ISLAMABAD (AP) — A government-backed proposal to limit Pakistani broadcasters’ terrorism coverage and criticism of the state is causing concern among journalists who fear it will stifle the country’s feisty, flourishing media.
A plethora of TV news networks have set up in recent years. Intensely competitive, they have not shied away from covering grisly aftermaths of suicide bombings, stories of government corruption, or allowing their talk show hosts to pontificate on air. That has fueled friction with some politicians, who say much of what is broadcast is exaggerated, false or irresponsible.
The regulations would curb certain types of images and reporting by broadcast outlets, including showing mutilated bodies or interviews with militant leaders. A copy of the proposal also includes a vague admonition against broadcasting “anything defamatory against the organs of the State.”
Violators could be punished by fines of up to 10 million rupees ($117,000) or prison terms up to three years.
The proposal has been vetted by a parliamentary committee and is expected to reach the full National Assembly later this summer.
“For us this is not a freedom of media issue. This is really more about responsibility, because it’s creating depression among the people of Pakistan,” said Farahnaz Ispahani, a committee member from the ruling party. “No civilized society, no civilized country in the world glorifies extremists and terrorists. Pakistan’s electronic media has not come up with their own code of conduct in this regard.”
It is uncommon for democratic countries to legislate sweeping bans on what the media can cover when it comes to terrorism, although Iraq has imposed vague rules that prohibit broadcast reports that cause “incitement of sectarianism,” said Joel Simon, executive director of the U.S.-based Committee to Protect Journalists.
Simon criticized the proposed Pakistani regulations, saying they “would have a devastating impact on … some of the most basic and essential coverage of events that are part of the news in Pakistan.”
Vincent Brossel, Asia director for the Paris-based Reporters Without Borders, said any regulation should more appropriately come from the media itself.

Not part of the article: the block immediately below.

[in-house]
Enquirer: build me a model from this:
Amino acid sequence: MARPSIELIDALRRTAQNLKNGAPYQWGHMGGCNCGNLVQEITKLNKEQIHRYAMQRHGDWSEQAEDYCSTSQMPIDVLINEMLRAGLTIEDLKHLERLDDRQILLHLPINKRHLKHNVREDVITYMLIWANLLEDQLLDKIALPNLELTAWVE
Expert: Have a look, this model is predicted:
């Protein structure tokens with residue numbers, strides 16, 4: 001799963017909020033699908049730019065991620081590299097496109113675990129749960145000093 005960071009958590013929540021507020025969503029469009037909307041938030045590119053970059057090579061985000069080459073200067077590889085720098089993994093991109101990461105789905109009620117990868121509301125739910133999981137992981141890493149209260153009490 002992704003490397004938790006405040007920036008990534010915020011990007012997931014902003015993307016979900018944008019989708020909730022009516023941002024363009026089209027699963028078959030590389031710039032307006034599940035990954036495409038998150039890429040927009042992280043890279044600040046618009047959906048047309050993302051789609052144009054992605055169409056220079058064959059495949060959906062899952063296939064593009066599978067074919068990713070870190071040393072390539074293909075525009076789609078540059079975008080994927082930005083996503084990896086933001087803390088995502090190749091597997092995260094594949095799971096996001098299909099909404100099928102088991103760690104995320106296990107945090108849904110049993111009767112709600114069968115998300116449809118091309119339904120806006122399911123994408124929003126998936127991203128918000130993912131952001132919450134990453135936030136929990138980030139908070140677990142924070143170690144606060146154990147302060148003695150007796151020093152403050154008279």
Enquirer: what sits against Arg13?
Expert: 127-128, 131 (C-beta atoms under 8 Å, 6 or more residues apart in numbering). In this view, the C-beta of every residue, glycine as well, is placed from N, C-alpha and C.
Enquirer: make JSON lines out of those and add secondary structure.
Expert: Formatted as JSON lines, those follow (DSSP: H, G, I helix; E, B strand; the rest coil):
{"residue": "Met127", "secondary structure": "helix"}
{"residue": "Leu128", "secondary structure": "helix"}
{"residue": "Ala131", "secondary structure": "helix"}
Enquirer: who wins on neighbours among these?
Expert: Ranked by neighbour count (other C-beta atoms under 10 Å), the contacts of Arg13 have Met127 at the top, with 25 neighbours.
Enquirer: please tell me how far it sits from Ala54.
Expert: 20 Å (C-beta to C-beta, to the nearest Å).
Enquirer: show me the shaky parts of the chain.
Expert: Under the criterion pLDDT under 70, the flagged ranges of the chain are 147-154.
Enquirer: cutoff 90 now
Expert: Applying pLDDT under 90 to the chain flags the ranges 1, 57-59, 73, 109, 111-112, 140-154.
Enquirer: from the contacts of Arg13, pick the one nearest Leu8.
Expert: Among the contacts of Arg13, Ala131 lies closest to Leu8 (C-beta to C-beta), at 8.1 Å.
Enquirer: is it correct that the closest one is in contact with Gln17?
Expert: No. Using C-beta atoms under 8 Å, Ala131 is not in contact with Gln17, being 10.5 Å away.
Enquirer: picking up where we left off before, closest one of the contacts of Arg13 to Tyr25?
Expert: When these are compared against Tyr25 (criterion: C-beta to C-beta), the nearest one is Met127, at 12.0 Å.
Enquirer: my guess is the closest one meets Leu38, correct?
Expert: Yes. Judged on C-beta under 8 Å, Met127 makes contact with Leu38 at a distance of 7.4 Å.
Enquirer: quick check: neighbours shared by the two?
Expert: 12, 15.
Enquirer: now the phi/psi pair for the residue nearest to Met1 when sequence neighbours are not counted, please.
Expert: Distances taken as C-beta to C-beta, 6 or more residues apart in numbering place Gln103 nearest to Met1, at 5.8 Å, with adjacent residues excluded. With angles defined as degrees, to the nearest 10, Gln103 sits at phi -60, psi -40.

Top managers from Pakistan’s eight TV news channels agreed among themselves last year to standardize professional guidelines governing terrorism coverage. They decided they would desist from showing graphic and disturbing images on the screen and at times use a delay mechanism that would enable channels to edit out undesirable footage.
But that decision did not deter the parliamentary committee from seeking official regulations.
Ispahani, the committee member, declined to elaborate on the clause regarding the “organs of the state,” only saying it was “the product of a multiparty committee.” Other committee members could not immediately be reached for comment Thursday.
Pakistani journalists said it seems like a move toward state censorship.
“We have not seen even a draft of this so-called code of conduct for the electronic media,” said Pervez Shaukat, the head of the Pakistan Federal Union of Journalists. “We are not against a code of conduct for the electronic media, but all stake-holders should be taken into confidence.”
Mazhar Abbas, deputy director of news and current affairs at the ARY channel, said the proposal sounded “fishy.”
“The media will not accept any form of suppression from the government,” he said.
During Pakistan’s nearly 63-year history — much of it marked by military rule — the media have faced many attempts at censorship. Ironically, it was under ex-military ruler Pervez Musharraf that private broadcasters were allowed to take off.
In 2002, there was in effect only one TV outlet and one radio outlet — both state-owned, said Adnan Rehmat, executive director of Intermedia, a media support group in Pakistan. Now there are 92 Pakistani television channels, 26 of which are devoted to current affairs 24-7, he said. There also are around 130 radio stations.
Some sections of the Pakistani media have a combative relationship with the 2-year-old civilian government, especially President Asif Ali Zardari, routinely publishing or broadcasting disparaging reports and commentary.
Rehmat said aggressive coverage of the government has recently intensified because the military has managed to restrict journalists’ access to areas where it is fighting Taliban and al-Qaida insurgents.
Media have been especially focussed on confrontations between Pakistan’s executive branch and its judiciary that have provided plenty of fodder for reporters and opinionated talk show hosts.
“It’s unprecedented how vicious they’ve been, particularly television media, on the perceived clash of interests between the government and the judiciary,” Rehmat said. “They’ve gone from mere reporters to themselves becoming part of the story.”
Much of the coverage is critical of the U.S. as well, reflecting the pervasive anti-American sentiment across the country. Many talk show hosts lace their comments with conspiracy theories blaming unrest in the country on the CIA or the private security firm formerly known as Blackwater.
The odds appear high that the Parliament will pass the law, but it might have little impact, Rehmat said. The media have become too big to be reined in at this point, and Pakistan has a far better record of passing laws than enforcing them.
Rehmat also noted that Musharraf’s attempt to curb the media later in his tenure — he took private TV networks off the air for several weeks during a 2007 state of emergency — helped speed up his downfall the following year, something the current leadership may want to keep in mind.
Associated Press writer Sebastian Abbot contributed to this report.
(This version CORRECTS last name of Adnan Rehmat (instead of Rehman) in paragraph 18.)